Murphy pillories SCOTUS, Oklahoma, and Wisconsin at AFSCME convention

BOSTON, MASS. — He’s once again choosing public sector unions over the people who pay their members’ salaries and benefits. 

The American Federation of State, County and Municipal Employee (AFSCME) union is holding its convention in Boston this week, and New Jersey Governor Phil Murphy who was born in Needham, Massachusetts, a suburb of Boston, was a speaker.

True to form, the New Jersey liberal struck a decidedly anti-taxpayer, pro-public sector union note and heavily criticized the Supreme Court’s recent Janus v. AFSCME decision, accusing SCOTUS of attempt to ‘undermine the rights of unions.’

“So long as I am governor – and, I hope, for years after I leave office – New Jersey will continue to stand in support of workers’ rights, and the rights of unions to act on their behalf,” said Murphy, citing the Orwellian-sounding “Workplace Democracy Enhancement Act” which, as explained by our guest contributor Maureen Sullivan, was preemptively adopted by New Jersey Democrats to blunt the Janus’s decisions impact back in New Jersey.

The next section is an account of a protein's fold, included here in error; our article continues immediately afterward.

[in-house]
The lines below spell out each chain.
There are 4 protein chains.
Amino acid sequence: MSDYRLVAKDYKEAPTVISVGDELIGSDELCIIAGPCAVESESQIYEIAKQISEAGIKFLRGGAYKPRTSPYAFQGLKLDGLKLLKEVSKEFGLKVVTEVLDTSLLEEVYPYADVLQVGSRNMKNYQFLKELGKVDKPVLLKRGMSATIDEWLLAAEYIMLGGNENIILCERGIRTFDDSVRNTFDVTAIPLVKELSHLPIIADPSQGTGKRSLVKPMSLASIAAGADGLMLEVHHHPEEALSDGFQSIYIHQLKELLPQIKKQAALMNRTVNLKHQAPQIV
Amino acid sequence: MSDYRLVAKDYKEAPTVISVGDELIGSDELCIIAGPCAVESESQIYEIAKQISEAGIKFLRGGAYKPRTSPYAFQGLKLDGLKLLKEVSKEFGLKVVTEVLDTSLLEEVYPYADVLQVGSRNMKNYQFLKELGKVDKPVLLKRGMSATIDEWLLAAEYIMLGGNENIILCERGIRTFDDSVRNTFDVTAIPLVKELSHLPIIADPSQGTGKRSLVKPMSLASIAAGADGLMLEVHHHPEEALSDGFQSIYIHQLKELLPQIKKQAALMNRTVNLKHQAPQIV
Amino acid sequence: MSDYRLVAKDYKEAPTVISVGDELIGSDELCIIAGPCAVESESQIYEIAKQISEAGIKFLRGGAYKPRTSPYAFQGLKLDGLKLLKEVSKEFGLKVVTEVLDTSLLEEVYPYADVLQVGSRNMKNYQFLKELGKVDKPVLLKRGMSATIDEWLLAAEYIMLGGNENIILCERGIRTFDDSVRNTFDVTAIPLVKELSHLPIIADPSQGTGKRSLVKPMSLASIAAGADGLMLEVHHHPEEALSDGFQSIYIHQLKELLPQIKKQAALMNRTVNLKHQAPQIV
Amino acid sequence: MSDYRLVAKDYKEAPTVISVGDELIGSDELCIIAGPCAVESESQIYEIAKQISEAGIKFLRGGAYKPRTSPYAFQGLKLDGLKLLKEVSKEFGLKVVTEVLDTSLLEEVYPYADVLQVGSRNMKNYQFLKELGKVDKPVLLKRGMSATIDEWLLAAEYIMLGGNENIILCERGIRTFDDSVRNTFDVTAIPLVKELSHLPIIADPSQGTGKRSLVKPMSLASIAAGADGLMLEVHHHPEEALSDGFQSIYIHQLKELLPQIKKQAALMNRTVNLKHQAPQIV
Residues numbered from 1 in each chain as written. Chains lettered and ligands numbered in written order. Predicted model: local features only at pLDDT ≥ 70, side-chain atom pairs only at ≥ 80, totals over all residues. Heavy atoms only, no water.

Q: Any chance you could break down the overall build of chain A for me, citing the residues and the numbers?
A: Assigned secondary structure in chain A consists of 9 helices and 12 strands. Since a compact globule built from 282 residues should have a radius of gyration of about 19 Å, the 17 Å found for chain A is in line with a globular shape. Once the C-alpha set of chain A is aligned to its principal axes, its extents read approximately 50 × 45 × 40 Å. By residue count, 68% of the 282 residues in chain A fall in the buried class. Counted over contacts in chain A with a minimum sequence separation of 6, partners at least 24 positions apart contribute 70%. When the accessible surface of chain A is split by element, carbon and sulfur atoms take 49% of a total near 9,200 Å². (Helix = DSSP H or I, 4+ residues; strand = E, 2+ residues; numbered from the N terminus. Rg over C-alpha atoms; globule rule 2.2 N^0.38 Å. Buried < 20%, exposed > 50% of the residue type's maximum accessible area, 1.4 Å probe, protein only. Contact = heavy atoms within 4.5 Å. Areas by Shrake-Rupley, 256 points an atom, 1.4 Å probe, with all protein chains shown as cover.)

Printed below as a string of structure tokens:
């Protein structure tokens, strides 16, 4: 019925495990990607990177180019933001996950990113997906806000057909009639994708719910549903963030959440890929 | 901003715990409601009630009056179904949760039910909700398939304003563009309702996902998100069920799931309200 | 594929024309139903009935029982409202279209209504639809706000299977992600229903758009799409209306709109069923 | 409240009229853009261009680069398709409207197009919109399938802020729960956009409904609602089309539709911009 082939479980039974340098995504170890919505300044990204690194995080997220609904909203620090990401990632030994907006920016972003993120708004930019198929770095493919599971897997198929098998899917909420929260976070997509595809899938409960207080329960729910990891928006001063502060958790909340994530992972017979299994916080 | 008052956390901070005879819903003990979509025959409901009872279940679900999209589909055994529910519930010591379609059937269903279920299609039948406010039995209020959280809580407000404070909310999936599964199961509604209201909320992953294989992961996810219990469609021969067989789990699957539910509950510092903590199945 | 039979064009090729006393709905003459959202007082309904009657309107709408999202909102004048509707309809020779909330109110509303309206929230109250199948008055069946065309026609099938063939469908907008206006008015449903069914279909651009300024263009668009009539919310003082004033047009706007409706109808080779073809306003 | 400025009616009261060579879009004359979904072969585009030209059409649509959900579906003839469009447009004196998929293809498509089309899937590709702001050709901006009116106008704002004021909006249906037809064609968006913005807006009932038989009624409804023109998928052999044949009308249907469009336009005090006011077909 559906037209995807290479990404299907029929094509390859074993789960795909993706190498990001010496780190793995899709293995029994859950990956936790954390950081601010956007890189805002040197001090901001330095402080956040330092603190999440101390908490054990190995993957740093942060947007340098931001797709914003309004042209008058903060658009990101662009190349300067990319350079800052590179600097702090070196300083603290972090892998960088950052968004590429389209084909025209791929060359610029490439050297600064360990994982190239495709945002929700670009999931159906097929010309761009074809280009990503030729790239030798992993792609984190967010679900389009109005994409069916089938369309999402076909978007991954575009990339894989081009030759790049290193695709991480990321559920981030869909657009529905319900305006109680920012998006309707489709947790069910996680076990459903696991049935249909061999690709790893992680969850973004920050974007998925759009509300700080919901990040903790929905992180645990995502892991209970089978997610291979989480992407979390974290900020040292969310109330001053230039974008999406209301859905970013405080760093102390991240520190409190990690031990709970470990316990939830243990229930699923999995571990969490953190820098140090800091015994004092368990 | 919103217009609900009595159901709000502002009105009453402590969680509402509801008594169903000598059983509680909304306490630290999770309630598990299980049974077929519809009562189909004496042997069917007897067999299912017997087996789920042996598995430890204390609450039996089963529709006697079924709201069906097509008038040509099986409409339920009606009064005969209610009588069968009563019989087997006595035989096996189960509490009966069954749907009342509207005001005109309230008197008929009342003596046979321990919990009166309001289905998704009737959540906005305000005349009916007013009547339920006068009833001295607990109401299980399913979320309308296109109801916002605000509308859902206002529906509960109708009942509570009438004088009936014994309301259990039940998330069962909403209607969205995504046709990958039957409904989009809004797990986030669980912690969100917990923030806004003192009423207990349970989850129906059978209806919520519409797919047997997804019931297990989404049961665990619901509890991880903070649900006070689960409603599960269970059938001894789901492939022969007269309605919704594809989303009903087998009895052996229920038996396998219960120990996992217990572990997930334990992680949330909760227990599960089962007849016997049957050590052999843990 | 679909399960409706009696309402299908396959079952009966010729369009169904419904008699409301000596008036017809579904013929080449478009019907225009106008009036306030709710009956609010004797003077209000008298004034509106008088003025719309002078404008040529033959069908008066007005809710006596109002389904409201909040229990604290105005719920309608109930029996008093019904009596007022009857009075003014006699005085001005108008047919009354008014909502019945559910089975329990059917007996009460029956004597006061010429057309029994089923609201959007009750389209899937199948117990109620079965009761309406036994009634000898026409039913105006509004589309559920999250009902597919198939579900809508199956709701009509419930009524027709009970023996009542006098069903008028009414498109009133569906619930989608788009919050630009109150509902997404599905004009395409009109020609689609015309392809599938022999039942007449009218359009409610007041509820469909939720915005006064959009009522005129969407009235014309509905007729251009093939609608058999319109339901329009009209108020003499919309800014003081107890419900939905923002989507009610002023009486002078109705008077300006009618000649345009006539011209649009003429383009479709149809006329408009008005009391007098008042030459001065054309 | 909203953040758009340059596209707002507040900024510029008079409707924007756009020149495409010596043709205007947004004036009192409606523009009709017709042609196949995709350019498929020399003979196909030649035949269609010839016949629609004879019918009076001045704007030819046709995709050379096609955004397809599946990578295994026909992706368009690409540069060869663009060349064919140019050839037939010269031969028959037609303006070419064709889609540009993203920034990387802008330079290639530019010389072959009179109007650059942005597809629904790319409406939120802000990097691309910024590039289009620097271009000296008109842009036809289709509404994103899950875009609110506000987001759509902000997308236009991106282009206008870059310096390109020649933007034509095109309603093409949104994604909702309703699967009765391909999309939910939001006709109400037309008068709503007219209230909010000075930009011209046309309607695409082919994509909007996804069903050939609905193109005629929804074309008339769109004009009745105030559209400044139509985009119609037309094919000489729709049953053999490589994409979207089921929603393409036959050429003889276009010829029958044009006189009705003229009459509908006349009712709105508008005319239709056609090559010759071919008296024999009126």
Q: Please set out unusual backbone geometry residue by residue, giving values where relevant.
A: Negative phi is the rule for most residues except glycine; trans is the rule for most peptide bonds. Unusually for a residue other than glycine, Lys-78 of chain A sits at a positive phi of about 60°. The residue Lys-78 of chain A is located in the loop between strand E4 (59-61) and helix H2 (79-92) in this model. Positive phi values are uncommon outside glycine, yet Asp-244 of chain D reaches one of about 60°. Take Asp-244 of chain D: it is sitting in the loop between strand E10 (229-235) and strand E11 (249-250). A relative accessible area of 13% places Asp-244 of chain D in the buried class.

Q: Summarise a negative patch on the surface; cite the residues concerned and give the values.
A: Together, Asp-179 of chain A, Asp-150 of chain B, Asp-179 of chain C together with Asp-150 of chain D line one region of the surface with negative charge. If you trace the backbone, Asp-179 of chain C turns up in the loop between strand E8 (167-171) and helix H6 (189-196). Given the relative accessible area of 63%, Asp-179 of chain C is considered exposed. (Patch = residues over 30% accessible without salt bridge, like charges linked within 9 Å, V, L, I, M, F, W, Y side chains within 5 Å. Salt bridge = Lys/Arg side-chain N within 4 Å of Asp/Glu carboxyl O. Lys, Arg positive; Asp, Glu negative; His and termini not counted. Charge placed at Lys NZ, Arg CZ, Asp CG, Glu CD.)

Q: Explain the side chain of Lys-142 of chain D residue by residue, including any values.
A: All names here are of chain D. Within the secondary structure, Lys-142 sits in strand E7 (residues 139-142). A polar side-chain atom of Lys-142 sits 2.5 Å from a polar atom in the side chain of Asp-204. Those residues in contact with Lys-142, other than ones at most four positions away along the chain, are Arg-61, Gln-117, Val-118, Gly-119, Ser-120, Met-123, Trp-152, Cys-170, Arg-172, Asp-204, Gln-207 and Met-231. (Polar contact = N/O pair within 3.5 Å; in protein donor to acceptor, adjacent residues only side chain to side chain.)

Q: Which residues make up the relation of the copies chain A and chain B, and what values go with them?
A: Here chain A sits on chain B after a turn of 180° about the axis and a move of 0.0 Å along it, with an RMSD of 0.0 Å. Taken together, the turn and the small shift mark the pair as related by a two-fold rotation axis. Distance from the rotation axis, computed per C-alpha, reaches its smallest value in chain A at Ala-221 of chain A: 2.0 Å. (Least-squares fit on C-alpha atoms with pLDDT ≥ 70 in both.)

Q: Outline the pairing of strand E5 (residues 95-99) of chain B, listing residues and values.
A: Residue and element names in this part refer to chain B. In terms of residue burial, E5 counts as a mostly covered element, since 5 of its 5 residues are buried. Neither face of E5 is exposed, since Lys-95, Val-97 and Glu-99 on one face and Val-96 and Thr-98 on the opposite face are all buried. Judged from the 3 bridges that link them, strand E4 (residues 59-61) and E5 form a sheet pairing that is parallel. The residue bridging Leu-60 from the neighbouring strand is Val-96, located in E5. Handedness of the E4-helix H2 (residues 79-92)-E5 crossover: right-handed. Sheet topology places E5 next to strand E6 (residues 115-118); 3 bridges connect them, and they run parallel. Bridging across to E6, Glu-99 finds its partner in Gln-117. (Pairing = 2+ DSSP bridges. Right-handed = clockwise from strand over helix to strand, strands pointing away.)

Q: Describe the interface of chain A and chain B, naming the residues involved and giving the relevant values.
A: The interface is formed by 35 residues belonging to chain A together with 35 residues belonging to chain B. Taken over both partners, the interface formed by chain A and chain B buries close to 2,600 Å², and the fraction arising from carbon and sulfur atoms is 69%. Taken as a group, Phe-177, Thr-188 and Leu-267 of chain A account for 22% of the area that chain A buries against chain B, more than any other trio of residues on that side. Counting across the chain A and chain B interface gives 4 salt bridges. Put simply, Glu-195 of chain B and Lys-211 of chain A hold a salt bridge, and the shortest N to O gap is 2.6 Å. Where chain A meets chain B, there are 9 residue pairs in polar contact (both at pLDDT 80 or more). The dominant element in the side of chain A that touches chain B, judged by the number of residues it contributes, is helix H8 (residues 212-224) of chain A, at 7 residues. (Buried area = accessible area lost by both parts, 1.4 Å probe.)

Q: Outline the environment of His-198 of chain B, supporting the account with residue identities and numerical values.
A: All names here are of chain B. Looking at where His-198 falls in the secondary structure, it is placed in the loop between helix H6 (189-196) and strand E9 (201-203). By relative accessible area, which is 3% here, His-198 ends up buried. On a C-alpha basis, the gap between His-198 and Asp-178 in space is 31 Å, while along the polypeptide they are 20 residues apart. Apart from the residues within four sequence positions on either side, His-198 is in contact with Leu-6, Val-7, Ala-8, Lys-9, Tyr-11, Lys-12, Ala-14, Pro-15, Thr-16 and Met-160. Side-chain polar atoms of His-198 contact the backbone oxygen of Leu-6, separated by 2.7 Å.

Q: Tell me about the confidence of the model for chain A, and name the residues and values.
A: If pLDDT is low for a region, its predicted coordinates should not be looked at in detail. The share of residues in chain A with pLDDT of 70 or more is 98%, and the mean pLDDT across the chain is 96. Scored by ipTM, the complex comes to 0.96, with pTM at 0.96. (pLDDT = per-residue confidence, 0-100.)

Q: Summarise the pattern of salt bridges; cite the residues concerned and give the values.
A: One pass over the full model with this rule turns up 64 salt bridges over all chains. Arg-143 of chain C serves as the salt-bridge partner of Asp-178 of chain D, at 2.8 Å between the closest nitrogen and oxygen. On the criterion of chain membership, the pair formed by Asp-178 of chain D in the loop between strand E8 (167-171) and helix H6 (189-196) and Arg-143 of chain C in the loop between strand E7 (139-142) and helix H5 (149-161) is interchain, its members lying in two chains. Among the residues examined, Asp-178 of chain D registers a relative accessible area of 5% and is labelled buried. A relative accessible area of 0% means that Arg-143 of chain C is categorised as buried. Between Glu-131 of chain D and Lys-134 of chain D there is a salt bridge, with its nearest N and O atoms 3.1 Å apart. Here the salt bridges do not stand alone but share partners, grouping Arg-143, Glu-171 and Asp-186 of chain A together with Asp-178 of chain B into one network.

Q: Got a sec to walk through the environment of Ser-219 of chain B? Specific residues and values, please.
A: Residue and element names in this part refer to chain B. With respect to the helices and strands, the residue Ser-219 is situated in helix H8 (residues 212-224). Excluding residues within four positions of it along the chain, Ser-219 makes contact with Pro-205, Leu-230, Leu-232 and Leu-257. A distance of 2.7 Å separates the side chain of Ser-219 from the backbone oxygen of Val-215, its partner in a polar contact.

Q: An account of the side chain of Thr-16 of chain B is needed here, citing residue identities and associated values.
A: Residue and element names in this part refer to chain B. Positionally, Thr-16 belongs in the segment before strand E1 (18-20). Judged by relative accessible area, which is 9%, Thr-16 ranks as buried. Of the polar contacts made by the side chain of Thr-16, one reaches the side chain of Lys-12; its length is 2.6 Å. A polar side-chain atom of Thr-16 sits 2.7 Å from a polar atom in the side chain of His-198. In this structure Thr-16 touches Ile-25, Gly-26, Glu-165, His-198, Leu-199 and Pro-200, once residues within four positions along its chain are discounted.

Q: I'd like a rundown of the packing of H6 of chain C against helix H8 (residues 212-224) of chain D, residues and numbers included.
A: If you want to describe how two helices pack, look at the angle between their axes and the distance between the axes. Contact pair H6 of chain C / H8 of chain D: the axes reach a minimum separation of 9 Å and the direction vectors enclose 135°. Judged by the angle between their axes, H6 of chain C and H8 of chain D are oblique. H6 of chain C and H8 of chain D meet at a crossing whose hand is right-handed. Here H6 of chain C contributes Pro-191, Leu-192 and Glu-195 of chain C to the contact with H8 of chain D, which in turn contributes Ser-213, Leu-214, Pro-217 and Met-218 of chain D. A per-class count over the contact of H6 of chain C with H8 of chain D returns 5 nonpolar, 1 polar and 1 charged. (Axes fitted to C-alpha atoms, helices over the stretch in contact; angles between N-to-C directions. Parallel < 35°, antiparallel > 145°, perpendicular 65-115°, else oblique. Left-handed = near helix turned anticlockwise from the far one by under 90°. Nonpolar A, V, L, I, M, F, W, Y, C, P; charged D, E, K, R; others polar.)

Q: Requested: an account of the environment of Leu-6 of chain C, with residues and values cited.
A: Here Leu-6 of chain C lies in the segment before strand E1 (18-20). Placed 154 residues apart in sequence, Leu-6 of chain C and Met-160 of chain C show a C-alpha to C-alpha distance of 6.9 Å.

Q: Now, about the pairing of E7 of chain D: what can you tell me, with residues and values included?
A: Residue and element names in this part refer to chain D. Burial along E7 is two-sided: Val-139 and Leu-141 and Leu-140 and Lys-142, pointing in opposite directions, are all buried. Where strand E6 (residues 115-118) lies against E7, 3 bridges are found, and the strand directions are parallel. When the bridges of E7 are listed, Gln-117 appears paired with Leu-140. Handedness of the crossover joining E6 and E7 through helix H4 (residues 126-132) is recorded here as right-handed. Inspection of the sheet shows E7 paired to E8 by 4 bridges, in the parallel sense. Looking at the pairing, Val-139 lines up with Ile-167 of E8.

These measures include likely unconstitutional restrictions on workers’ rights including limiting the time they can opt out of union membership dues, annually, to 10 days.

But Murphy didn’t stop at critiquing justices and boosting his own administration; he took a swipe at two other U.S. states, one of which remains an important electoral battleground.

“My state is not Wisconsin. We’re not Oklahoma. We’re New Jersey – and the trend of ripping the heat out of collective bargaining will come to a full stop at our state line,” he added.

In its Janus decision, the High Court’s designated author was a New Jersey native (unlike Phil Murphy), Justice Samuel Alito, who spoke for the majority in holding that

“…[s]tates and public-sector unions may no longer extract agency fees from nonconsenting employees. The First Amendment is violated when money is taken from nonconsenting employees for a public-sector union; employees must choose to support the union before anything is taken from them. Accordingly, neither an agency fee nor any other form of payment to a public-sector union may be deducted from an employee, nor may any other attempt be made to collect such a payment, unless the employee affirmatively consents to pay.”

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